Hat, Bag and I decided to go camping in Brighton. We piled everything into the Herbert-mobile and set off. We only got stopped three times on the way down!
We go a field a set up camp. There were two other tents in the field so when we had got things sorted we set off to introduce ourselves and be friendly. Tent number 1 contained three young lads about our age. They seemed a little apprehensive at the sight of three hairy individuals. Their camp was very neat and tidy and the three of them were equally well manicured with longish, layered hair and corduroy.
“How’s it hangin’, man?” Bag asked as he poked into the tent.
“Oh, actually, O.K.” one of them replied in a rather cultured accent as they assiduously set about involving themselves in a variety of tasks and doing their best to ignore us.
We hung around a few minutes and got the distinct impression that we weren’t exactly welcome and left.
Camp number 2 was a bit different. There were three girls who seemed a bit friendlier. They invited us for tea and put steaming mugs of coffee in our hands. This was more like it.
We built a big campfire and settled around and one thing led to another. They had a big tent so we moved in.
The Public School tossers, as we quickly came to call the occupants of tent number 1, tossers for short, sat around their own campfire and cast anxious looks our way. We ate beans, as is mandatory when camping, spit-roasted sausages on sticks and charred marshmallows. We didn’t have Jack with us but did passable impressions of his outrageous guffawing. Then we broke out some beers, rolled a few jays and rounded off the evening, well maybe the middle hours of the night, by driving around and around tent number 1. We didn’t intend to get so loud but things got a bit out of hand and what with the girls laughing so much and hanging out of the windows of our Hertbertmobile it all got a bit riotous. Eventually we turned in for the night and settled down with the girls. That too all out a bit out of hand, we swapped around a few times, and when the sun came up none of us had got any sleep and we were all knackered. So we finally called it a day and snuggled down our sleeping bag, or at least into the girls’ sleeping bags, which were a bit cramped with two in but fine with us — and them. Seemingly, the noises of our orgying, tents not being exactly soundproof, had not proved conducive to the well being of fellow campers. When we finally emerged into the bright light of late afternoon there were only two tents in the field.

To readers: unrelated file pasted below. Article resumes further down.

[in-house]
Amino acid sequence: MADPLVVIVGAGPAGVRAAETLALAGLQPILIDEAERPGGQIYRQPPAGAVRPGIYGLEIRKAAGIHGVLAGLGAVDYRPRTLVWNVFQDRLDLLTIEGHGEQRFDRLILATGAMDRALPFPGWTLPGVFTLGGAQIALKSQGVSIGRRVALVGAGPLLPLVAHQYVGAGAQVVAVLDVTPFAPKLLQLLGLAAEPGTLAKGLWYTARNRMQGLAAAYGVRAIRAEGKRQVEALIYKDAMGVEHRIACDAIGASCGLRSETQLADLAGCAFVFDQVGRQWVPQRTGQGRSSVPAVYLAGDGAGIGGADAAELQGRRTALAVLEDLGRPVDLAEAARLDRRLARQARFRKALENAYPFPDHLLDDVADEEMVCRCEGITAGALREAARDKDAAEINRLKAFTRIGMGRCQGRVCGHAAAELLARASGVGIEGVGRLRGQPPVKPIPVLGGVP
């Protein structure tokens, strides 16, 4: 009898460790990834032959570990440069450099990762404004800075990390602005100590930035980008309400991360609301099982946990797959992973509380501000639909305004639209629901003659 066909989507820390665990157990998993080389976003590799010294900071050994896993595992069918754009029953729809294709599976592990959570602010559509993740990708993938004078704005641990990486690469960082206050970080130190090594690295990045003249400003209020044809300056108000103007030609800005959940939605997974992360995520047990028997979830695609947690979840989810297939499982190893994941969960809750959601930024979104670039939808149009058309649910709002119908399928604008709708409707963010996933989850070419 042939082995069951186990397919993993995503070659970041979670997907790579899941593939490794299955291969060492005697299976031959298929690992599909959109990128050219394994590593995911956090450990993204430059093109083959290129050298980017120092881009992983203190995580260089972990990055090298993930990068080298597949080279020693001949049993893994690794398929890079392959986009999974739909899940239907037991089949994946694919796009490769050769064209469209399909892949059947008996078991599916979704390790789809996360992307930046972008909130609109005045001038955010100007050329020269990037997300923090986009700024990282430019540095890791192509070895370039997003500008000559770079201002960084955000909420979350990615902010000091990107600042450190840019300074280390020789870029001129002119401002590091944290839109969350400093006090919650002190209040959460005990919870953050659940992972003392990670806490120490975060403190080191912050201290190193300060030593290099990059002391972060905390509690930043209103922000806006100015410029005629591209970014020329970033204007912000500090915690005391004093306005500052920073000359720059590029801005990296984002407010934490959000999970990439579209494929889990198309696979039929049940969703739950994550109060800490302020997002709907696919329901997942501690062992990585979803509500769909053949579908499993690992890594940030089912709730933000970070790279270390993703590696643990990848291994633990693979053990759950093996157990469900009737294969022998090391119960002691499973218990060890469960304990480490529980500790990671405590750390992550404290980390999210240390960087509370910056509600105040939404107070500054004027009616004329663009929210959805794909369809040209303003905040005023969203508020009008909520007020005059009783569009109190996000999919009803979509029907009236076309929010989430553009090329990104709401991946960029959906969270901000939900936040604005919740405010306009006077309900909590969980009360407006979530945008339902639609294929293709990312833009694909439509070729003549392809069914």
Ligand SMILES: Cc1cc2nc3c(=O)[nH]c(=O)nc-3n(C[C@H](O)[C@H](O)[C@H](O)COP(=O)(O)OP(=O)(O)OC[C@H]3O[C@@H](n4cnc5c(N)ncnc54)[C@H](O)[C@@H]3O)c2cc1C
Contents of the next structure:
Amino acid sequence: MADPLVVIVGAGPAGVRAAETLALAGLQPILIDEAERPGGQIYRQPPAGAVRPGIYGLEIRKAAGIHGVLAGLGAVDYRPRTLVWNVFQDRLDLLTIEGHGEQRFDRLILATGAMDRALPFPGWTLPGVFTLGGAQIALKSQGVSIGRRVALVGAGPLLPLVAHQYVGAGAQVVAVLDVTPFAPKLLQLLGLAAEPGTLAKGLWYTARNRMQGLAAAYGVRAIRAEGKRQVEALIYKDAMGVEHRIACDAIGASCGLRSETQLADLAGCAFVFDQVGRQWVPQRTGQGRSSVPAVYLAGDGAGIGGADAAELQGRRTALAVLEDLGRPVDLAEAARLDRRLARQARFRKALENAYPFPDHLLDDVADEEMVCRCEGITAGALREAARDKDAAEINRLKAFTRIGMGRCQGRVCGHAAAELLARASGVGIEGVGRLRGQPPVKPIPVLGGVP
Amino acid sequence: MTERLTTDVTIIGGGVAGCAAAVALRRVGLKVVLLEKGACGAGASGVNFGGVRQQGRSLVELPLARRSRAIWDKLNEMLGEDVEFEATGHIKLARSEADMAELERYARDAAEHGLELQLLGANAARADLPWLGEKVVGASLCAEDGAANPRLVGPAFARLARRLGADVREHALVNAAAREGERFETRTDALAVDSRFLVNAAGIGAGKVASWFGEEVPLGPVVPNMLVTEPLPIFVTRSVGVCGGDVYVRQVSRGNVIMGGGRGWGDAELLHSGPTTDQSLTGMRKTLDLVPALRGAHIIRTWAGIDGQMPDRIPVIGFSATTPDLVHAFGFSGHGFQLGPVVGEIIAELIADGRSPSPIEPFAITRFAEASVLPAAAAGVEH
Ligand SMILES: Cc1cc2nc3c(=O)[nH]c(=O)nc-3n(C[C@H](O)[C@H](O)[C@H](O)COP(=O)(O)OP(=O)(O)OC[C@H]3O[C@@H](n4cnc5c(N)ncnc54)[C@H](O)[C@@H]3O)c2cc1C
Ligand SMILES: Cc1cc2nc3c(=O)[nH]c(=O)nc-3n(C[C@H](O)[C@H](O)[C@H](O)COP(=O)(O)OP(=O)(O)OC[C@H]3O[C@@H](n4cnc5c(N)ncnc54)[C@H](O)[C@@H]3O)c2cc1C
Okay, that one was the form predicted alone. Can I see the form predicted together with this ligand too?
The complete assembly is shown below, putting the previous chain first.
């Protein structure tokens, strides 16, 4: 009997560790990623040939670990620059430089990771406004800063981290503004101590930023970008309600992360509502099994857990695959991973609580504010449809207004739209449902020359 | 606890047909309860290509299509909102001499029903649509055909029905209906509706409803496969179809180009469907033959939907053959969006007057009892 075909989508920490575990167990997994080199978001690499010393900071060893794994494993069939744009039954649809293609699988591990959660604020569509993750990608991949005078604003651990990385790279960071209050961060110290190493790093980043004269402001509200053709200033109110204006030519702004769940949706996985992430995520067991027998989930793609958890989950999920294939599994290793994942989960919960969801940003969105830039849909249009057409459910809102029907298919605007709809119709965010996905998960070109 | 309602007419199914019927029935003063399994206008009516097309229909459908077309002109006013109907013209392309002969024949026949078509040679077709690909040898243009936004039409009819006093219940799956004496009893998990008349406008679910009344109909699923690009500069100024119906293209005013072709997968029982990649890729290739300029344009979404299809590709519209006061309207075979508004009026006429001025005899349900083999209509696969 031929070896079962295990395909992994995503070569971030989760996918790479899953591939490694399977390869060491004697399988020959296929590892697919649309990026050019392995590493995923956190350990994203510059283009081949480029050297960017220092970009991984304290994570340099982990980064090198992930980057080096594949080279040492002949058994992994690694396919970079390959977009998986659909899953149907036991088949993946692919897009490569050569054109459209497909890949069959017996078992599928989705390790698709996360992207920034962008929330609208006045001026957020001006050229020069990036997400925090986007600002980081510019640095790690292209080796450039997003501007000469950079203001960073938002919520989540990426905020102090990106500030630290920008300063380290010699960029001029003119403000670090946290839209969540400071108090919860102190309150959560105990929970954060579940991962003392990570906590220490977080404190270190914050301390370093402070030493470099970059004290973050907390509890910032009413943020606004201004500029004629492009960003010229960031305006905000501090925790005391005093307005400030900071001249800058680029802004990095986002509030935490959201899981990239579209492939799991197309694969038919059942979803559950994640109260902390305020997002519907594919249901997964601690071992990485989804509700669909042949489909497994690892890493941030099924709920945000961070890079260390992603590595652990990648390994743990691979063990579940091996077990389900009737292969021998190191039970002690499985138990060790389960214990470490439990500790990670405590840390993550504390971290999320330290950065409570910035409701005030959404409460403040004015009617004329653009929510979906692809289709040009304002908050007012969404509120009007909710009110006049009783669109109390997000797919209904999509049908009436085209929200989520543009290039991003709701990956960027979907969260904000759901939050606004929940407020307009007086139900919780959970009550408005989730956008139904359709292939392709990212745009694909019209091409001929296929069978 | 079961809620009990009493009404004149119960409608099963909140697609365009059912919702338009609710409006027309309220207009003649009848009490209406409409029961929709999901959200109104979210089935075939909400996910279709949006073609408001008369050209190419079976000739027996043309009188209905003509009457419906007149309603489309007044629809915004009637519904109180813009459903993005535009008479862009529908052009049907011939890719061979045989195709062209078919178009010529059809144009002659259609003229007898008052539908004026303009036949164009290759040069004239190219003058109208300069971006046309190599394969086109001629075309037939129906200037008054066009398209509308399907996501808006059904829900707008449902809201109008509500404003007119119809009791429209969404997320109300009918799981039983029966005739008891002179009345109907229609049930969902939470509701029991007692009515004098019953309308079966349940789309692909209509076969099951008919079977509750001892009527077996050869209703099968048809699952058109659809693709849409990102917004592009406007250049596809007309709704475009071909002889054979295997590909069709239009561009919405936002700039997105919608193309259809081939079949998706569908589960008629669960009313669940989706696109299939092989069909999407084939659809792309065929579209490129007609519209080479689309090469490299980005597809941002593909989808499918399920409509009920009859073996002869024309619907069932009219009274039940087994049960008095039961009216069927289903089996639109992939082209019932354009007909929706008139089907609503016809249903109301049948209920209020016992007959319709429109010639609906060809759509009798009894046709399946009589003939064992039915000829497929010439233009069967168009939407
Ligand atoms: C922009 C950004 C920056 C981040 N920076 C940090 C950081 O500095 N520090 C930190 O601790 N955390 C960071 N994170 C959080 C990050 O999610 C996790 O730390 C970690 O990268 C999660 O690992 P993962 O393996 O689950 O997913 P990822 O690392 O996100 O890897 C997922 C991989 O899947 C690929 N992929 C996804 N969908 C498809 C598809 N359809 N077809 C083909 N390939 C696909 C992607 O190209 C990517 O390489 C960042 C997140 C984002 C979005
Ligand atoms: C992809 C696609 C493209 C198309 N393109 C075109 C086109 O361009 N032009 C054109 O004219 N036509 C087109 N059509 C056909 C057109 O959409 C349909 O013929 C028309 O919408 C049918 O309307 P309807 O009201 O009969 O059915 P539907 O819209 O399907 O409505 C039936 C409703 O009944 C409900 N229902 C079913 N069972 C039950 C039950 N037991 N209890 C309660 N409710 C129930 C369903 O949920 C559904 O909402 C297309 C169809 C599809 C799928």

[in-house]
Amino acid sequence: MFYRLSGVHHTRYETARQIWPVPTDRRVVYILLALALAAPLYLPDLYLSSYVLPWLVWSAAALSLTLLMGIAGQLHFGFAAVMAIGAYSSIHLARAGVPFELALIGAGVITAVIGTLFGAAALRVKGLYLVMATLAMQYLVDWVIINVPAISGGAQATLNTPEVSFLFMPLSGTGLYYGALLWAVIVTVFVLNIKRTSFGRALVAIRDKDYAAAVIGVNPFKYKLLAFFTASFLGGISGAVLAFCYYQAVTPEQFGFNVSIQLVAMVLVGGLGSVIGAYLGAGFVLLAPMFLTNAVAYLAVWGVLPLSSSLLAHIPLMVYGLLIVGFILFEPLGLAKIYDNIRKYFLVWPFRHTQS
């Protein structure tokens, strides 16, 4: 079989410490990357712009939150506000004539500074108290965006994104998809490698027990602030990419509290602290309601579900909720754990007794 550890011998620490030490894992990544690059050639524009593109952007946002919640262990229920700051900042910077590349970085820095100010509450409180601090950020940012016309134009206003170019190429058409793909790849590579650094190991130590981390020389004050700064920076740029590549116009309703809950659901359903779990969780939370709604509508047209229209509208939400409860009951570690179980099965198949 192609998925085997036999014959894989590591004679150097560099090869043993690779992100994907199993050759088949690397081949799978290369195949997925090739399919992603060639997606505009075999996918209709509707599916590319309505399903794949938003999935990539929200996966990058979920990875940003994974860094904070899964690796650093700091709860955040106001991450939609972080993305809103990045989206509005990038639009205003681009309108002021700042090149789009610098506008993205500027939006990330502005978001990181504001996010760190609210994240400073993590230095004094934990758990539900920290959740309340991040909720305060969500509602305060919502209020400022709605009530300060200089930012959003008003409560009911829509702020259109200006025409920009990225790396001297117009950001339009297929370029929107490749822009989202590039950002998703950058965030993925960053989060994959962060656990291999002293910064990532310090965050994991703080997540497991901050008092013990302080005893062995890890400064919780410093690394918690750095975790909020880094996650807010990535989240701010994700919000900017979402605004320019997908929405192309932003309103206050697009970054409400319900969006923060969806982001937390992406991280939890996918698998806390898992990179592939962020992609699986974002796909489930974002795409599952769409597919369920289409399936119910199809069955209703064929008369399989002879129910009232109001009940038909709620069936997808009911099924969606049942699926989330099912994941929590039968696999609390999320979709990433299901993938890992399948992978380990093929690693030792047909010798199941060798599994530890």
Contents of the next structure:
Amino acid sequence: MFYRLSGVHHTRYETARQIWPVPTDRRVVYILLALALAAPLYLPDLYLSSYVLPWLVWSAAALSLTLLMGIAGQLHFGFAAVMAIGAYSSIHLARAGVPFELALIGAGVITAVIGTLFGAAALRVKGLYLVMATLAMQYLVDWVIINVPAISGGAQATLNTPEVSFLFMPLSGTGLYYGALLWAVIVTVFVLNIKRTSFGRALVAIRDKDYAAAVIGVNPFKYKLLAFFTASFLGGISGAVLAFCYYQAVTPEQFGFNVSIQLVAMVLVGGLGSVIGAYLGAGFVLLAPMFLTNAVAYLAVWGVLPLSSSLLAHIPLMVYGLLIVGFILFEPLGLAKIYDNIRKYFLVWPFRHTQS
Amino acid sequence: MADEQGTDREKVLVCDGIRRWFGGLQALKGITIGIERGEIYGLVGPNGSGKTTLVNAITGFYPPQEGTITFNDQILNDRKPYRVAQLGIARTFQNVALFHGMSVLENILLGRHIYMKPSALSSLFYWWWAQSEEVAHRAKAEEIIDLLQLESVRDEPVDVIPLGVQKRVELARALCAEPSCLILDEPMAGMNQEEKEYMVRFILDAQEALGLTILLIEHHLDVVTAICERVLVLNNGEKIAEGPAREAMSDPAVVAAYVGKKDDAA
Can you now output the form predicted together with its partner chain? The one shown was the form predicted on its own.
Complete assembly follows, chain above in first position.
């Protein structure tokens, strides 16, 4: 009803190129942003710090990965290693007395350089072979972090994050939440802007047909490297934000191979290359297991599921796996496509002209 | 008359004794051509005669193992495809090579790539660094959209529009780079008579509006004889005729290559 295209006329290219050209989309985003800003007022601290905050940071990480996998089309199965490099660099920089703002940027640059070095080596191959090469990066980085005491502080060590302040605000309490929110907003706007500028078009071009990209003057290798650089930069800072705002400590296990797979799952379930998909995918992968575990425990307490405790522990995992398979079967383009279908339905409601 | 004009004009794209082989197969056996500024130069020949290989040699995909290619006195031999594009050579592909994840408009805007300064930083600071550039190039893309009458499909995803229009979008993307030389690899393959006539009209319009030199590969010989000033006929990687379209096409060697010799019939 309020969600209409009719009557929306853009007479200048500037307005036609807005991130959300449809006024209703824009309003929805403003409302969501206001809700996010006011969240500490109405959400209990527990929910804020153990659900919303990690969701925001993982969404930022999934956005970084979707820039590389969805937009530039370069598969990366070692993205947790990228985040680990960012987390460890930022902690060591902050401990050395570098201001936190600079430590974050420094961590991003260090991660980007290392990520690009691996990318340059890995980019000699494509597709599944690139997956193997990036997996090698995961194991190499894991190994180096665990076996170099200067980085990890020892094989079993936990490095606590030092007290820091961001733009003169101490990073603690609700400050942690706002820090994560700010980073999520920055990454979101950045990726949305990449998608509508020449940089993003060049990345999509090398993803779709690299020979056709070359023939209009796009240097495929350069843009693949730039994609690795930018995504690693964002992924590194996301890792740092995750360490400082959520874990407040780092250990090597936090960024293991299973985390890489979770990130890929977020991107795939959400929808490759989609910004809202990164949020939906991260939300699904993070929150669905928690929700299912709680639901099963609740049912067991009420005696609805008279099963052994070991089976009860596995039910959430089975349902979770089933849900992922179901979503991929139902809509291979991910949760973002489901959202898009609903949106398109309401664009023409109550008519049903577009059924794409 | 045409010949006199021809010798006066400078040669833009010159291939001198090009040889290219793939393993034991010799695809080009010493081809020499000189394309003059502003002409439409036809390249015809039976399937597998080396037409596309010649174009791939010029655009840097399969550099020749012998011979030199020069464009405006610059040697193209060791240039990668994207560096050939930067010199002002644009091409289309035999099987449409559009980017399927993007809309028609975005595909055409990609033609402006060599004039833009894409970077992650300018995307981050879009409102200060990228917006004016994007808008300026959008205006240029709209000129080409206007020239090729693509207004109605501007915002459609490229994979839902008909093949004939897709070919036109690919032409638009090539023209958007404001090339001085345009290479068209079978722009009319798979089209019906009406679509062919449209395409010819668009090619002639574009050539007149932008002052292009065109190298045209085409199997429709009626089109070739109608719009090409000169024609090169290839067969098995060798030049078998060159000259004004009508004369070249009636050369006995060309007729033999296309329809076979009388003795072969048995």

That evening we took off for the legendary ‘Shoreline Club’ – a psychedelic dungeon notorious for its frequent drug busts and the degeneracy of the clientele – sounded just our sort of place. It was all a bit of a disappointment seemingly long past its best. The place was half empty and you found yourself wandering around this dimly lit series of rooms with coloured lights, ultra-violet and dangly stuff to a muffled background of obscure wailing sounds and pseudo-psychedelic noises. There were posters and hand painted murals that were supposed to give it the hippy touch. When you’d experienced the real thing with Pink Floyds lightshows and weirdness or Jefferson Airplane’s acid show I all seemed a bit lame and pretentious.